Vivienne Westwood's renewable energy crowdfunding site is shutting down

LONDON — A UK peer-to-peer platform for the renewable energy sector backed by designer Vivienne Westwood is selling off its assets after regulation changes meant the company couldn’t make the model work.

Trillion Fund, founded in 2011, announced in a press release on Monday that it is selling off its core assets, including its white label-ready peer-to-peer funding platform, a crowdfunding platform, and FCA permissions to operate in the space.

Trillion Fund made peer-to-peer loans to the renewable energy sector and says it raised £5 million from 8,000 members over its lifetime. Celebrated British designer and climate change activist Dame Vivienne Westwood invested £1 million in the company in 2014. Westwood owns just over 27% of the company, according to recent filings.

Westwood told the Telegraph at the time of her investment: “There is no better way of saving the planet than investing in the companies and technologies that have the potential to drastically reduce carbon emissions.”

Trillion Fund CEO Theresa Burton blames the closure of Trillion Fund’s platform on the government’s removal of subsidies for renewable energy companies in 2015, saying it killed demand for loans. She said in an emailed statement that the company was “unable to secure sufficient deal flow to support its focus on renewable energy.”

The company last year tried to pivot to more general crowdfunding but Burton says it couldn’t drum up enough demand to support the business. Burton says in the emailed statement: “Although the concept was warmly received in initial market research, it was challenging to get to the deal flow volumes required to scale fast enough.”

Theresa Burton, Trillion FundTrillion FundTheresa Burton, CEO of Trillion Fund.

As well as raising money from Westwood, Trillion Fund raised over £640,000 from investors on crowdfunding platform Seedrs in December 2014 at a valuation of £4.5 million. Burton told BI she expects a “detrimental impact” for shareholders as it is an “asset sale not an on-going business sale.” But she added that it is not a “fire sale.” Investors have already been told about the sale process.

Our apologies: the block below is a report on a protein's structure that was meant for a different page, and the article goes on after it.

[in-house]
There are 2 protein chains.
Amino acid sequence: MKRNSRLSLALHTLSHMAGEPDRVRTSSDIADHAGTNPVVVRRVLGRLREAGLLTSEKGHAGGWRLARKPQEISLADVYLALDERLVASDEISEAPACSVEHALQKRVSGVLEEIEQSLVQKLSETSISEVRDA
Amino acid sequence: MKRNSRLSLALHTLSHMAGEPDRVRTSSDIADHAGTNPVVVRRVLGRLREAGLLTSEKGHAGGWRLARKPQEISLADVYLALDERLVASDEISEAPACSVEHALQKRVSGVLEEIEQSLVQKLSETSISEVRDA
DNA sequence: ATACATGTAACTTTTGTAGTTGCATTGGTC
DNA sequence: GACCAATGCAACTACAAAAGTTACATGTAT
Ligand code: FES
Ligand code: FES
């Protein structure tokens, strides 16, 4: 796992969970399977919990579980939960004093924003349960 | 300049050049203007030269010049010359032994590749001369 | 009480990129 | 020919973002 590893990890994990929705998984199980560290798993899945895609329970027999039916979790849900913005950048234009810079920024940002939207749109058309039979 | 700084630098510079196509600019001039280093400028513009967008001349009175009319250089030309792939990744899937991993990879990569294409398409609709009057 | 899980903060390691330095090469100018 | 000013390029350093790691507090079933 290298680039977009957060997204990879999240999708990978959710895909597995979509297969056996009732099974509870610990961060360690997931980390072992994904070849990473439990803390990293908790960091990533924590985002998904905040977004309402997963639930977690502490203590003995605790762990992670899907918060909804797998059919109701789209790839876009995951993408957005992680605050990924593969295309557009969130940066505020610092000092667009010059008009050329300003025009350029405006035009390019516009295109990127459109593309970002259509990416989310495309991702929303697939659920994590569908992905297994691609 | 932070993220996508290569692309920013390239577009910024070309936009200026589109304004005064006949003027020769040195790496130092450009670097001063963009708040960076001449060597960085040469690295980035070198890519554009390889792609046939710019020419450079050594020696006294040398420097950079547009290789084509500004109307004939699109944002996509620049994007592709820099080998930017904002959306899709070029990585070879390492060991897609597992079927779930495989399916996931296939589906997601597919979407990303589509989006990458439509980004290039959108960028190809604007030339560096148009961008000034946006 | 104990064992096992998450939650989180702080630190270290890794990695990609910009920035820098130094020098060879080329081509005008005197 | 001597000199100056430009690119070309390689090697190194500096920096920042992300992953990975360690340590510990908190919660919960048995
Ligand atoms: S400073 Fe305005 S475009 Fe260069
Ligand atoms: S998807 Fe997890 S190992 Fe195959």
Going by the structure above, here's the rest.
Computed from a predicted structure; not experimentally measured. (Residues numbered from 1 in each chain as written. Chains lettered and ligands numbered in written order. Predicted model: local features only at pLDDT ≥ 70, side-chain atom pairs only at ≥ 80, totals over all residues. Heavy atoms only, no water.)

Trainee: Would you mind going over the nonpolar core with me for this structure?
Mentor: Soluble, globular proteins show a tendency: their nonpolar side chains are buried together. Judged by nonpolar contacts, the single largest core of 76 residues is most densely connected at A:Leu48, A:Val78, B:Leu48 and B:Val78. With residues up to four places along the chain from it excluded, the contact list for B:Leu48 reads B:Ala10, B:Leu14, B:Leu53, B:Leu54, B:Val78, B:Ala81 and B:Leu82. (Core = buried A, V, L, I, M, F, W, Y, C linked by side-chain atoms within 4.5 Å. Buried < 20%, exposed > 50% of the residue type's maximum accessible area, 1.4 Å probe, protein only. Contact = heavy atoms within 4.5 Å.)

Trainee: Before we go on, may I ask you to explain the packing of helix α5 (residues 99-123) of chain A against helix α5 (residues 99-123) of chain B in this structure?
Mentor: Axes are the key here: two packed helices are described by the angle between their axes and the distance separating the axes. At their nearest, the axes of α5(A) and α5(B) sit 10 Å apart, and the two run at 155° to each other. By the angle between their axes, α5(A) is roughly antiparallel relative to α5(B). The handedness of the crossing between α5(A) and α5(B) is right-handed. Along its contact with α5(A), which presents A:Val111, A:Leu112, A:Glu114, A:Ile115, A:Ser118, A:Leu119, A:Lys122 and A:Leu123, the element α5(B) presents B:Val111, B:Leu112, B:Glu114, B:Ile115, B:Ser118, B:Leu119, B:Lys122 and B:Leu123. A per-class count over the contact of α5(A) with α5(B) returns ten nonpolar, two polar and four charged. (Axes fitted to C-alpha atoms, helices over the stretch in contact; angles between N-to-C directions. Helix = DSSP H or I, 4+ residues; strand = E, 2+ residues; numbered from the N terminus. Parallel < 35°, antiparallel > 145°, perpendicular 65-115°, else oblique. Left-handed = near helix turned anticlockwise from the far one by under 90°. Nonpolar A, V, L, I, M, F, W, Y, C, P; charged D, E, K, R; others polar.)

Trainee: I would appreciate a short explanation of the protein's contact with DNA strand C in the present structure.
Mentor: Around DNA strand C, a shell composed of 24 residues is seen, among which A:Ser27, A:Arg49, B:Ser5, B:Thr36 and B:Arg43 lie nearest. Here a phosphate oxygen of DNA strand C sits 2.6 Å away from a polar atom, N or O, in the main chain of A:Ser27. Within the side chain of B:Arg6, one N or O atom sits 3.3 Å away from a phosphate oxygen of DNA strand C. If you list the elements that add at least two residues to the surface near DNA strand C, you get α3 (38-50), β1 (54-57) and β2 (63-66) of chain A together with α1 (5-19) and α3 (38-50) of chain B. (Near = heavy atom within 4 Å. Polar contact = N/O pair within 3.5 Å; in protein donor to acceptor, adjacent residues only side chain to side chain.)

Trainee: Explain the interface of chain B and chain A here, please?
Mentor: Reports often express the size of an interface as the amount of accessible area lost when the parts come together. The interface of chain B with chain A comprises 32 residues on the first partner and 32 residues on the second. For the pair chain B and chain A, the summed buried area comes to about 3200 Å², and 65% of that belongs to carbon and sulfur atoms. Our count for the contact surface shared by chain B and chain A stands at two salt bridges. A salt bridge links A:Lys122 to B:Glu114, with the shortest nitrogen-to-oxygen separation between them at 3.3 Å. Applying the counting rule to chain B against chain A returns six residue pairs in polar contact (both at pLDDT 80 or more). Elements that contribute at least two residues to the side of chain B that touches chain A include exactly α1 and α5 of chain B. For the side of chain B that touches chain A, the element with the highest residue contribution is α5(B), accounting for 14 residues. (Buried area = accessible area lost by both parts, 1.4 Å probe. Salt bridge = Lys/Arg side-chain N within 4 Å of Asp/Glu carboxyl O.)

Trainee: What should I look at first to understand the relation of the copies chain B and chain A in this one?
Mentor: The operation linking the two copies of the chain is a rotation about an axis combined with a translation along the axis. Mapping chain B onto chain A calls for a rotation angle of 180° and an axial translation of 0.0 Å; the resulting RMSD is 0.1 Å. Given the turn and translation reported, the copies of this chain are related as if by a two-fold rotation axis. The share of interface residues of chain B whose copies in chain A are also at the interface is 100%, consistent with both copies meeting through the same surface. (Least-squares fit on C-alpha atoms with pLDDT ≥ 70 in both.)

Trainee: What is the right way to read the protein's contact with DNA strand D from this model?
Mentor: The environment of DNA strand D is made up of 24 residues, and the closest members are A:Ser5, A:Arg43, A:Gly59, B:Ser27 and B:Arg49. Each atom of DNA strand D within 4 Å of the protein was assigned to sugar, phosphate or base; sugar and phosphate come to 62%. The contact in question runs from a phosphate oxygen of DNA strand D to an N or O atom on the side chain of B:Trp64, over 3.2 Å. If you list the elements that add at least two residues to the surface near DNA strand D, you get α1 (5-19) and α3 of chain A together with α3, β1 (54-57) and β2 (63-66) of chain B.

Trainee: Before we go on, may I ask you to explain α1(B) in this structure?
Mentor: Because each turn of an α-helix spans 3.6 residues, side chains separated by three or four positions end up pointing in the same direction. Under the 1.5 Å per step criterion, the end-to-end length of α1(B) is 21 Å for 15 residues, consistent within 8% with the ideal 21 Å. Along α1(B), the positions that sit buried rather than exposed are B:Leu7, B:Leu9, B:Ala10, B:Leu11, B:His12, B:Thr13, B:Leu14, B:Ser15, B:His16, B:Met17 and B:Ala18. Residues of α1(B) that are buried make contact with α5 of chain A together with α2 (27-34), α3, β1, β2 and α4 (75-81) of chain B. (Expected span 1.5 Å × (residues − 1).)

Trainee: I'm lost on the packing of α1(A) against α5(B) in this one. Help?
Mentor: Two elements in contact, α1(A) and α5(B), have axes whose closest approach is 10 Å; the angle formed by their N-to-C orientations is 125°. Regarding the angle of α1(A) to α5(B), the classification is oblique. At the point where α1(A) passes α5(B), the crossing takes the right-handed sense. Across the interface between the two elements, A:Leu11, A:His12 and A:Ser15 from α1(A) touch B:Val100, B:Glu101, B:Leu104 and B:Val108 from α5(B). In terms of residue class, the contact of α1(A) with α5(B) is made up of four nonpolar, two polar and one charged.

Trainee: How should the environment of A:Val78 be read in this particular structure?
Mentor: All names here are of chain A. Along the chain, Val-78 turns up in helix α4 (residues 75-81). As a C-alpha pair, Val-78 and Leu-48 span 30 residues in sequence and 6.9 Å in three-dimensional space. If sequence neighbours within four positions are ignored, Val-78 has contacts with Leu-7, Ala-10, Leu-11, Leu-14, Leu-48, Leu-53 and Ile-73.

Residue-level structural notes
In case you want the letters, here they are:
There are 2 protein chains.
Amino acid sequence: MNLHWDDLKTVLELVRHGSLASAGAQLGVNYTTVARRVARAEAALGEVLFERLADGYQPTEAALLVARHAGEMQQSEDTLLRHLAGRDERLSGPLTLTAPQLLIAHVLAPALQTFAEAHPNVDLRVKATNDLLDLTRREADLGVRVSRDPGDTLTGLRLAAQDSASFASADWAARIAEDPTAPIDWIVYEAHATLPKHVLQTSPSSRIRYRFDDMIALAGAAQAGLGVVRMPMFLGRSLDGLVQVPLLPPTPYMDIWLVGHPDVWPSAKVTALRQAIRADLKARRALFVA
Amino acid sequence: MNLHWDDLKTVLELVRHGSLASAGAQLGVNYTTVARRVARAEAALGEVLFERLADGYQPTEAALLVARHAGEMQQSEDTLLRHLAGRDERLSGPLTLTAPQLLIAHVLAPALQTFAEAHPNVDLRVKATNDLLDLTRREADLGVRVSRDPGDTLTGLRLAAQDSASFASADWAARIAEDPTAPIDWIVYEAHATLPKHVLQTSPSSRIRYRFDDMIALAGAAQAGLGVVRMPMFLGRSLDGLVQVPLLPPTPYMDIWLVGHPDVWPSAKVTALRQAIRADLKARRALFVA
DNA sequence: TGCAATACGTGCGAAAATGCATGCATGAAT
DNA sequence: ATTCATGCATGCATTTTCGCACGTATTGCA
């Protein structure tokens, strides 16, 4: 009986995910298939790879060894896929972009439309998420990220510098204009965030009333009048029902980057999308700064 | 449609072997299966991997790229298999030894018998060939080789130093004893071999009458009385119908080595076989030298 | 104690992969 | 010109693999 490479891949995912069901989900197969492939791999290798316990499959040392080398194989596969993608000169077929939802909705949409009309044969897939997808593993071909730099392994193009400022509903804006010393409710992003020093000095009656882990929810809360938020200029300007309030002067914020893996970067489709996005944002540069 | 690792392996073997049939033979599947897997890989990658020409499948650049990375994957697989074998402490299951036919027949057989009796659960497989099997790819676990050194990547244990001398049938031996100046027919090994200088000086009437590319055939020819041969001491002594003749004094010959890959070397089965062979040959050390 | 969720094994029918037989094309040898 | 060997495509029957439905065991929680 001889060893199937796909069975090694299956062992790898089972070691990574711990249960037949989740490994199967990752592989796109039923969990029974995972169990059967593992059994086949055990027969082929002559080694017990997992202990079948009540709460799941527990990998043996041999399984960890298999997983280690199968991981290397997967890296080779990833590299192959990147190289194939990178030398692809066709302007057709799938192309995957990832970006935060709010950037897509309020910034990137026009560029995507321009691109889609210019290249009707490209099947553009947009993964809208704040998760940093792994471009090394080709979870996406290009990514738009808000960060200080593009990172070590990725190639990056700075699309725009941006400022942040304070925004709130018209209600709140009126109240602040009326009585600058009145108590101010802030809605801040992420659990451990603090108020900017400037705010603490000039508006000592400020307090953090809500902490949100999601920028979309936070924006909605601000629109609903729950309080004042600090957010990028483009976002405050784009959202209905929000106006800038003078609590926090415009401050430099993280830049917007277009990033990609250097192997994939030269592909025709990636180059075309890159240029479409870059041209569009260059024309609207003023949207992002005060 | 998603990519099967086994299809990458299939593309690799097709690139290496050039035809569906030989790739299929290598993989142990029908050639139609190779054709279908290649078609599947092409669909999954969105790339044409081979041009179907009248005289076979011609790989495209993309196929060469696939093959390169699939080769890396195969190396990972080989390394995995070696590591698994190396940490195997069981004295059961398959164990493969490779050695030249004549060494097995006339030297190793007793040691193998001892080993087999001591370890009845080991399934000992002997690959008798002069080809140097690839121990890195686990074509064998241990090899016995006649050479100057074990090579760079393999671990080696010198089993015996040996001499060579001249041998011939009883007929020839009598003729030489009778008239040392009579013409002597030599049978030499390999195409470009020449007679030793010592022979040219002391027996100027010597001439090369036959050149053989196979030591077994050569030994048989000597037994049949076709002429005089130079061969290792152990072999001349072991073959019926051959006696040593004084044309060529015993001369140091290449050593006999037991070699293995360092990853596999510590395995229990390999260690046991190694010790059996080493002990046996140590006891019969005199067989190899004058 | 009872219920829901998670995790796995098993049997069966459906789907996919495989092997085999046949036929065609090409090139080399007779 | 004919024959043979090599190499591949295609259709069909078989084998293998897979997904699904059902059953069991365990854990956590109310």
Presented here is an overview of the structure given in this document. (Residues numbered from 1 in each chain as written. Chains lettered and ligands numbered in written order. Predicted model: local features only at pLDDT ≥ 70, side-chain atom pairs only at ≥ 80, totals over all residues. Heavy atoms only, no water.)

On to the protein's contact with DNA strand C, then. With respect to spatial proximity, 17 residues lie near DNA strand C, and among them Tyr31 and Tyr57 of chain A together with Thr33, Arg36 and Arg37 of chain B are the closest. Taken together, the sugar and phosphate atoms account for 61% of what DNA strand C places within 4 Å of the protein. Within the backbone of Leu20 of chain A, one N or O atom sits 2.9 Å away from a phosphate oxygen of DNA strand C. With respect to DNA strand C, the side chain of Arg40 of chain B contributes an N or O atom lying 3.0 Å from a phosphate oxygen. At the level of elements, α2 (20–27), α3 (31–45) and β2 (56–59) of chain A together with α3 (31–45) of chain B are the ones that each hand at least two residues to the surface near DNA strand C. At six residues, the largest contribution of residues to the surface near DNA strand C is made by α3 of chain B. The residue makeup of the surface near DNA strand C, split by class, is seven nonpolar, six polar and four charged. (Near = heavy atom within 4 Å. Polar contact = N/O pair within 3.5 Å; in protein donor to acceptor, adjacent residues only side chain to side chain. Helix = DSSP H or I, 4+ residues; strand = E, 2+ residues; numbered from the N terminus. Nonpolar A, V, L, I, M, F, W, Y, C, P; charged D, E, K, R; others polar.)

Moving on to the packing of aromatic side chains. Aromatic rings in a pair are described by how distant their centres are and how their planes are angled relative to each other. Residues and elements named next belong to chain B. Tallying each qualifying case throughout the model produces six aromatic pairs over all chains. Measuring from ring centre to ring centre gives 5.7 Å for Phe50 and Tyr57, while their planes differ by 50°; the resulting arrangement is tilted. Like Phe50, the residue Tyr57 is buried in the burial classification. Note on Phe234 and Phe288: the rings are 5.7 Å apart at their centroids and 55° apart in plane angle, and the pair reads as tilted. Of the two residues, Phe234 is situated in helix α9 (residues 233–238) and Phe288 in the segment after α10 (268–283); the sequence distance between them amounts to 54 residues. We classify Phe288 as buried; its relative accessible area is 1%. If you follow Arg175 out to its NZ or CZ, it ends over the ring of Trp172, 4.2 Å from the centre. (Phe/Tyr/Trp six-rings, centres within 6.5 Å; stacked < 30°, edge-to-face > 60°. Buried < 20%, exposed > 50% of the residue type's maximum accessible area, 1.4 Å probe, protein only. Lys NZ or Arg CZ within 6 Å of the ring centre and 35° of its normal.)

Trillion Fund has been running a private sale process since October and Burton said the company decided to put out a press release to broaden the potential pool of interested parties. The company is pitching itself for sale to a lending business with an existing customer base that is looking to get into the peer-to-peer market. Burton said she is already in talks with “five or six” potentially interested parties.

Peer-to-peer allows investors — either individuals or companies — to lend directly to either companies or people looking to borrow money over online platforms. £8.7 billion has been lent over P2P platform in the UK since the concept was invented in 2005, according to AltFi data. However, the majority has been lent by major players such as Funding Circle, Zopa, and RateSetter.

Chirag Shah, founder and CEO of Nucleus Commercial Finance, told BI in December that he believes 2017 will be a crunch year for the peer-to-peer sector, saying “there is no room” for the number of platforms in the market.

Burton echoed this sentiment, saying: “There are a lot of small peer-to-peer platforms out there like ourselves who I think are going to struggle to get the deal flow needed.”

Burton told BI she believes peer-to-peer platforms must reach a loan book of at least £80 million to reach break-even. Trillion Fund only reached a loan book of £3 million, she says, which drove the decision to “call time.” The existing loan book will continue to be run down.

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